“Moonlight is sculpture; sunlight is painting.”
~ Nathaniel Hawthorne
I’m getting ready for bed when I see there’s a message on my phone.
“Have you seen the moon? Grab your camera and go get it!”
It’s the harvest moon tonight; I’ve seen it before. Is it really worth going outside to look at? Or to photograph? I’m more of a macro photographer. My camera is downstairs. I’m in my pajamas. I’m tired.
I pad into the bedroom where Gerry is already reading in bed.
”Can I borrow your long lens?”
It takes time to get everything ready. I go downstairs to my woman cave and get my camera, take it to Gerry’s office area and switch out my 60mm macro lens for his 100-400. I head back into my studio for my tripod, opening it up to it’s full height. Then, gingerly, I carry everything upstairs and set it near the front door.
I step outside to orient myself. Yup. There’s the moon alright.
On the front sidewalk, in silence and my pajamas and bathed in moonlight, I set my camera on the tripod and lean in. I’ve rarely used this big lens and it’s so different from my trusted macro lens. I play with focus, zoom in as far as I can on the orb in the sky, change my camera settings, and snap a few photos.
I carry all of the paraphernalia back downstairs and consider whether or not to boot up my laptop and process the images. I look at the clock.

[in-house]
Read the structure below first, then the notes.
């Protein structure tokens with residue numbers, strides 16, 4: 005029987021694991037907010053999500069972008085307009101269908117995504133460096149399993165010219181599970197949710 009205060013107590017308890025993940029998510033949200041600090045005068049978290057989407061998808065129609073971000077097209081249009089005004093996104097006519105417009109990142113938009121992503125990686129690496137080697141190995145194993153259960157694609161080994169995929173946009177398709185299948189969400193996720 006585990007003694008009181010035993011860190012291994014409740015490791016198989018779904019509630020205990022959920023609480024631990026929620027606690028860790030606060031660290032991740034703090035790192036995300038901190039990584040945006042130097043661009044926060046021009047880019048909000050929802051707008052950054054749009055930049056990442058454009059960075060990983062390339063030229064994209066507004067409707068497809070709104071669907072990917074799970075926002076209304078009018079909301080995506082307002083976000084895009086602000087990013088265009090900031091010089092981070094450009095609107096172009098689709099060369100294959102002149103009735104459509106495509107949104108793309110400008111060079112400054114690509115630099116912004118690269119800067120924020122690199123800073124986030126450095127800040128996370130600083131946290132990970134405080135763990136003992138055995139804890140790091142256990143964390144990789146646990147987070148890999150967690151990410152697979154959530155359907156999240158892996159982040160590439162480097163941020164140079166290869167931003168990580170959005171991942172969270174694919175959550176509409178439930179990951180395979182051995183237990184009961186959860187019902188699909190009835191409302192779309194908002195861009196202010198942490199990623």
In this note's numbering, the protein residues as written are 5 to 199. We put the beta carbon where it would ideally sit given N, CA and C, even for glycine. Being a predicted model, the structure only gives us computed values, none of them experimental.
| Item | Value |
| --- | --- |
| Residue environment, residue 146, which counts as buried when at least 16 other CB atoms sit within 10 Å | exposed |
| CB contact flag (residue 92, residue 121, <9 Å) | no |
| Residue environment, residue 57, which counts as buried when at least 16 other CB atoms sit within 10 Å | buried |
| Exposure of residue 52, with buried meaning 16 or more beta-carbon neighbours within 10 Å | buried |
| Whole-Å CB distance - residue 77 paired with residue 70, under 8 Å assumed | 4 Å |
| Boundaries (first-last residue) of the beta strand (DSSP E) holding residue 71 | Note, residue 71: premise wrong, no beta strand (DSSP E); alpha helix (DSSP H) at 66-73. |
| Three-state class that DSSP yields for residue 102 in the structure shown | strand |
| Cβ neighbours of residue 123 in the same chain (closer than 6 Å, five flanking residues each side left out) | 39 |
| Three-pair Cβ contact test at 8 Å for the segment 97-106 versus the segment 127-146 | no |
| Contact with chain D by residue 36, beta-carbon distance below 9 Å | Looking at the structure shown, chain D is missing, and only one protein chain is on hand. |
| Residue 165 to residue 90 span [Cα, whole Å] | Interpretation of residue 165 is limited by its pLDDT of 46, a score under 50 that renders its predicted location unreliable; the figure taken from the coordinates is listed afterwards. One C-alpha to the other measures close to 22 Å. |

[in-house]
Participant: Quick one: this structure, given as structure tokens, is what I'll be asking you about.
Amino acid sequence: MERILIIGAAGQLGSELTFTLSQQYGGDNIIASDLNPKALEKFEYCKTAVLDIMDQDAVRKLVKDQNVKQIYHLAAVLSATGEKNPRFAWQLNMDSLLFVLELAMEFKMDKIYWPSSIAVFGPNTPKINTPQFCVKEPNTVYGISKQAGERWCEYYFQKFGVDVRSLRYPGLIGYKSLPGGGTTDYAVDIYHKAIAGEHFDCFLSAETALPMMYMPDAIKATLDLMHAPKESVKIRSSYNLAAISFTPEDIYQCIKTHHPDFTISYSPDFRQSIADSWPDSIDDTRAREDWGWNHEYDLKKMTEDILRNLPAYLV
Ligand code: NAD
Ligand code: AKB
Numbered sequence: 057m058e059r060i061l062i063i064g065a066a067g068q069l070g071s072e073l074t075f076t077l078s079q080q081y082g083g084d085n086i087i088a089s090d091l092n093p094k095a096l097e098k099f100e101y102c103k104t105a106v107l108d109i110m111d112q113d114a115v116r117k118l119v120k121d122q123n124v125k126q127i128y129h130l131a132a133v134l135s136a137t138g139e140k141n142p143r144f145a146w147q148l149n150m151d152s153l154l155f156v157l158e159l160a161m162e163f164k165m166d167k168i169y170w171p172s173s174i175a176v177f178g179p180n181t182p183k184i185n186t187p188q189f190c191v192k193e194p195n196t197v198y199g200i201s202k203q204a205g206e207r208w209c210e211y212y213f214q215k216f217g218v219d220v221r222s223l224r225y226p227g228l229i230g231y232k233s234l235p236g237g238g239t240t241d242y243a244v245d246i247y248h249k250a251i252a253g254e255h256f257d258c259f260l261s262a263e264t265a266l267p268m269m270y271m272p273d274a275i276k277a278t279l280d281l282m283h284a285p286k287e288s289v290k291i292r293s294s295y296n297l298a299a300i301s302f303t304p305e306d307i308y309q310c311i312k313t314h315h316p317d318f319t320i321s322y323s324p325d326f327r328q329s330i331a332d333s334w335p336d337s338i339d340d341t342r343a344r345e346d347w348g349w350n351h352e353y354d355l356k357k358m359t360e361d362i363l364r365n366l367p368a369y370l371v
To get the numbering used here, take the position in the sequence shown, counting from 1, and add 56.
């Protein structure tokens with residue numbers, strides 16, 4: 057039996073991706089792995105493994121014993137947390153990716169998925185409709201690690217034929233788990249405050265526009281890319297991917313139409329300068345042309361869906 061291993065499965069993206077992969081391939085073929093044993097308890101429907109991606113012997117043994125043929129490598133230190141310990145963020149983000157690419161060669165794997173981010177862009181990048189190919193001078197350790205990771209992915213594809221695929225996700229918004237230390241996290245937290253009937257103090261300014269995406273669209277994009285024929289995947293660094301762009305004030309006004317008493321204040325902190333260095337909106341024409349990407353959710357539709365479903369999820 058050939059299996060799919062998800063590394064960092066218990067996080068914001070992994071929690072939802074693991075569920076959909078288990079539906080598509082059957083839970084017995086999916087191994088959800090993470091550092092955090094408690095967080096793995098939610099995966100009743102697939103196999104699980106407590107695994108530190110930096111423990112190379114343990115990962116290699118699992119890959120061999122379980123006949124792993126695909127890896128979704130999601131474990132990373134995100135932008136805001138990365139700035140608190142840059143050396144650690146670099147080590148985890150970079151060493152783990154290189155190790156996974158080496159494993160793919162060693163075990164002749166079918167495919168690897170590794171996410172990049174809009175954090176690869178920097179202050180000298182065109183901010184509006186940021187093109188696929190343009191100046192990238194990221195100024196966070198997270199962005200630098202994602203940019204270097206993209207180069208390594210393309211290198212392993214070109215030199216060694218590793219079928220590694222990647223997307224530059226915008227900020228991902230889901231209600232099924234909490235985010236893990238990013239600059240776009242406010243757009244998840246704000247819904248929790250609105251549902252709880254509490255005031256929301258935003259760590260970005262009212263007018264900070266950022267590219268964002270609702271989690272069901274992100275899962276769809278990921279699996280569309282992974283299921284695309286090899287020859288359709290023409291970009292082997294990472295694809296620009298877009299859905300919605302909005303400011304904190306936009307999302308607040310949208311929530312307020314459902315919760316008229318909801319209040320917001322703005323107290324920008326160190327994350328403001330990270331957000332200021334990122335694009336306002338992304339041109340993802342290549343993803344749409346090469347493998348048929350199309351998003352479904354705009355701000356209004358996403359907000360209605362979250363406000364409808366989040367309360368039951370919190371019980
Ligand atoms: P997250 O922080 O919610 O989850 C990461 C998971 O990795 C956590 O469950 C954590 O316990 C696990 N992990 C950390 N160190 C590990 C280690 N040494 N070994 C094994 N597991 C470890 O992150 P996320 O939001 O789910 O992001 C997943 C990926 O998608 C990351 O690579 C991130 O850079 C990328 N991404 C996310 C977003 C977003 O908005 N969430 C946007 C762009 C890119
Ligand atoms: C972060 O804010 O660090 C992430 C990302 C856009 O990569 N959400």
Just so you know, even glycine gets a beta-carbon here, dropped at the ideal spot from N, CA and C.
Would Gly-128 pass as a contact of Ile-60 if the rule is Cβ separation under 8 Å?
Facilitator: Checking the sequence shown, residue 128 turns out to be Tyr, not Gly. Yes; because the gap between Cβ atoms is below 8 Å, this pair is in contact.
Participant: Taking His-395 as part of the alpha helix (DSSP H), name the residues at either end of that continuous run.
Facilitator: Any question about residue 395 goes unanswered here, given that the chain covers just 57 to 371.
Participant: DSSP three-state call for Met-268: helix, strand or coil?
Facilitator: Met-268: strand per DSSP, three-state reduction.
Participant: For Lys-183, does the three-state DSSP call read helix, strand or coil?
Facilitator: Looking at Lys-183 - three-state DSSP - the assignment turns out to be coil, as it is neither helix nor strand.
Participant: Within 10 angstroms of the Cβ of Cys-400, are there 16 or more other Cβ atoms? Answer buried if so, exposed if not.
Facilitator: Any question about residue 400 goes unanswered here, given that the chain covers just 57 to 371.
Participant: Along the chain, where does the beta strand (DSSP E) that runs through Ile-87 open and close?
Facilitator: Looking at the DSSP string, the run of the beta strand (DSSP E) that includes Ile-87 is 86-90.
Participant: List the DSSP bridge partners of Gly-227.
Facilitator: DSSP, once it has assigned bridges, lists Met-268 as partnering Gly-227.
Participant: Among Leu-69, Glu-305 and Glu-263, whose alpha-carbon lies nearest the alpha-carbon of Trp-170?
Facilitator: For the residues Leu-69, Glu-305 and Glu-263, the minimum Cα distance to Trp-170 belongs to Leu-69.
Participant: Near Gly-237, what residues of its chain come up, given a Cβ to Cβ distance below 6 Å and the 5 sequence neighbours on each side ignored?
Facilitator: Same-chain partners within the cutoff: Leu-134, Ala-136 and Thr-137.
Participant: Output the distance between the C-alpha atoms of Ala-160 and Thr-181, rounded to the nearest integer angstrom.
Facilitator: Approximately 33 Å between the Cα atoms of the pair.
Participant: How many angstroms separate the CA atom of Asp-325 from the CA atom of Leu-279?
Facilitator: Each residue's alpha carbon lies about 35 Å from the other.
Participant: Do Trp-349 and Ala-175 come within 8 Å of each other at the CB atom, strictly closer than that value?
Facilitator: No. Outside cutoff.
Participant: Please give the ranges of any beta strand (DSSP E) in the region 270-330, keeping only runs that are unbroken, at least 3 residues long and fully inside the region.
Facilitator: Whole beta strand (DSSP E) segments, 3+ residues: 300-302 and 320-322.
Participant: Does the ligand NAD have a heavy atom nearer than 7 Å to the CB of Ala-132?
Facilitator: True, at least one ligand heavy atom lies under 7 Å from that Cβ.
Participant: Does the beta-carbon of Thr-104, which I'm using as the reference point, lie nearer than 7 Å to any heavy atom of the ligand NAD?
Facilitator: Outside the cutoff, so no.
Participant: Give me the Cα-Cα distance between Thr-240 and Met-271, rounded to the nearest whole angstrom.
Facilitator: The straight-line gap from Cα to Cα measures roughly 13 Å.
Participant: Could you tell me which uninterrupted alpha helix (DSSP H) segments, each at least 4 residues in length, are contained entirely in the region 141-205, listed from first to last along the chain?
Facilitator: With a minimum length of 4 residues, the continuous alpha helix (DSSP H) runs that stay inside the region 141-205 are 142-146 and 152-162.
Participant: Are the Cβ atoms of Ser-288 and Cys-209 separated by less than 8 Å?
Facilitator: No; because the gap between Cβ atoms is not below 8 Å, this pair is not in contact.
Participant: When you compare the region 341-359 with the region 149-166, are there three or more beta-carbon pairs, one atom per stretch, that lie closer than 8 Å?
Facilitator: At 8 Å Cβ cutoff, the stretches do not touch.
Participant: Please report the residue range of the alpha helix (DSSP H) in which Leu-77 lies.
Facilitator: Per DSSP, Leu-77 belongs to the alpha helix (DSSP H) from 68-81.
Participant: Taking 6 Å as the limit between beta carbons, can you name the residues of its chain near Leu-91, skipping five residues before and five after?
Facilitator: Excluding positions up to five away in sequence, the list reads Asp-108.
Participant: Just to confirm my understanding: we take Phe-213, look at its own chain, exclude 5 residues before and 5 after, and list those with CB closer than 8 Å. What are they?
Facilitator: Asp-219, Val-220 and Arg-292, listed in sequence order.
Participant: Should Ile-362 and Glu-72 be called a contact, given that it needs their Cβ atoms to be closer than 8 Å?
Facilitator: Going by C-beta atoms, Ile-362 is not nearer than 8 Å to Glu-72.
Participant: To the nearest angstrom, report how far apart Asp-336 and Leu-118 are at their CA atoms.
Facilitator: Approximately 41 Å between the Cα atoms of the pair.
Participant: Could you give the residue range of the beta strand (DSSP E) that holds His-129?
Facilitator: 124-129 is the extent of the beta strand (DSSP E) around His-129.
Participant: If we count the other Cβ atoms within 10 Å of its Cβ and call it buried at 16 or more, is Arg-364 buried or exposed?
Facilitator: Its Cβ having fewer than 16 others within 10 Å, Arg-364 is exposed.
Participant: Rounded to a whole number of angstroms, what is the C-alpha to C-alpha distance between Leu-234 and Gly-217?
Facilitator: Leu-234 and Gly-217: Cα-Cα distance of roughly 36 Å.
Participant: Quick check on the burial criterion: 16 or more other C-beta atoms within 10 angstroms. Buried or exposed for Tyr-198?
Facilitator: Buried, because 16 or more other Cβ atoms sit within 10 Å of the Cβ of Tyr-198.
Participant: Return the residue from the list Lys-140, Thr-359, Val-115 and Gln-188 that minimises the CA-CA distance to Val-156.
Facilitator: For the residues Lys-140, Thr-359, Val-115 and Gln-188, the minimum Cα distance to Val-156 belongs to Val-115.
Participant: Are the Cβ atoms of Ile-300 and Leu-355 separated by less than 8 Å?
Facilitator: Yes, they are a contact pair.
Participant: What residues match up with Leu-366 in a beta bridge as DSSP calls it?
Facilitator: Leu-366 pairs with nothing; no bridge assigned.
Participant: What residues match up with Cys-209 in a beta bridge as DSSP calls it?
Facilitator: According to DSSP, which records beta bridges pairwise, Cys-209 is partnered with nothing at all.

It takes forever for my computer to boot (I need to do something about that one of these days) and while it hums and grinds I read a few pages from the book I left on my desk earlier. Time is never wasted.
When I finally import my images into Lightroom I’m captivated. Yeah, I’d prefer to shoot macro; and if I had to shoot the moon, I’d rather it was hanging large and low over a prairie field; but there is a certain kind of magic to this image of the moon so solitary and bright.
I like it.
I’m reminded that sometimes stepping outside of my sweet and cozy comfort zone results in new discoveries and opportunities that might otherwise go unrealized. Funny how often I need to be reminded of that.
I move the image to my Dropbox so I can access it on my iPad, shut down my laptop and head upstairs for bed, no longer tired but energized and sort of excited. As I crawl into bed next to my dozing husband I know sleep won’t come for a while. That’s okay. I’ve got a good book on my Kindle to lose myself in for a while.
But first, I reach for my iPad to take another look at the image of that harvest moon. Wonder. Possibility. Seeing the world, literally, through a different lens.
I might have to borrow that long lens more often.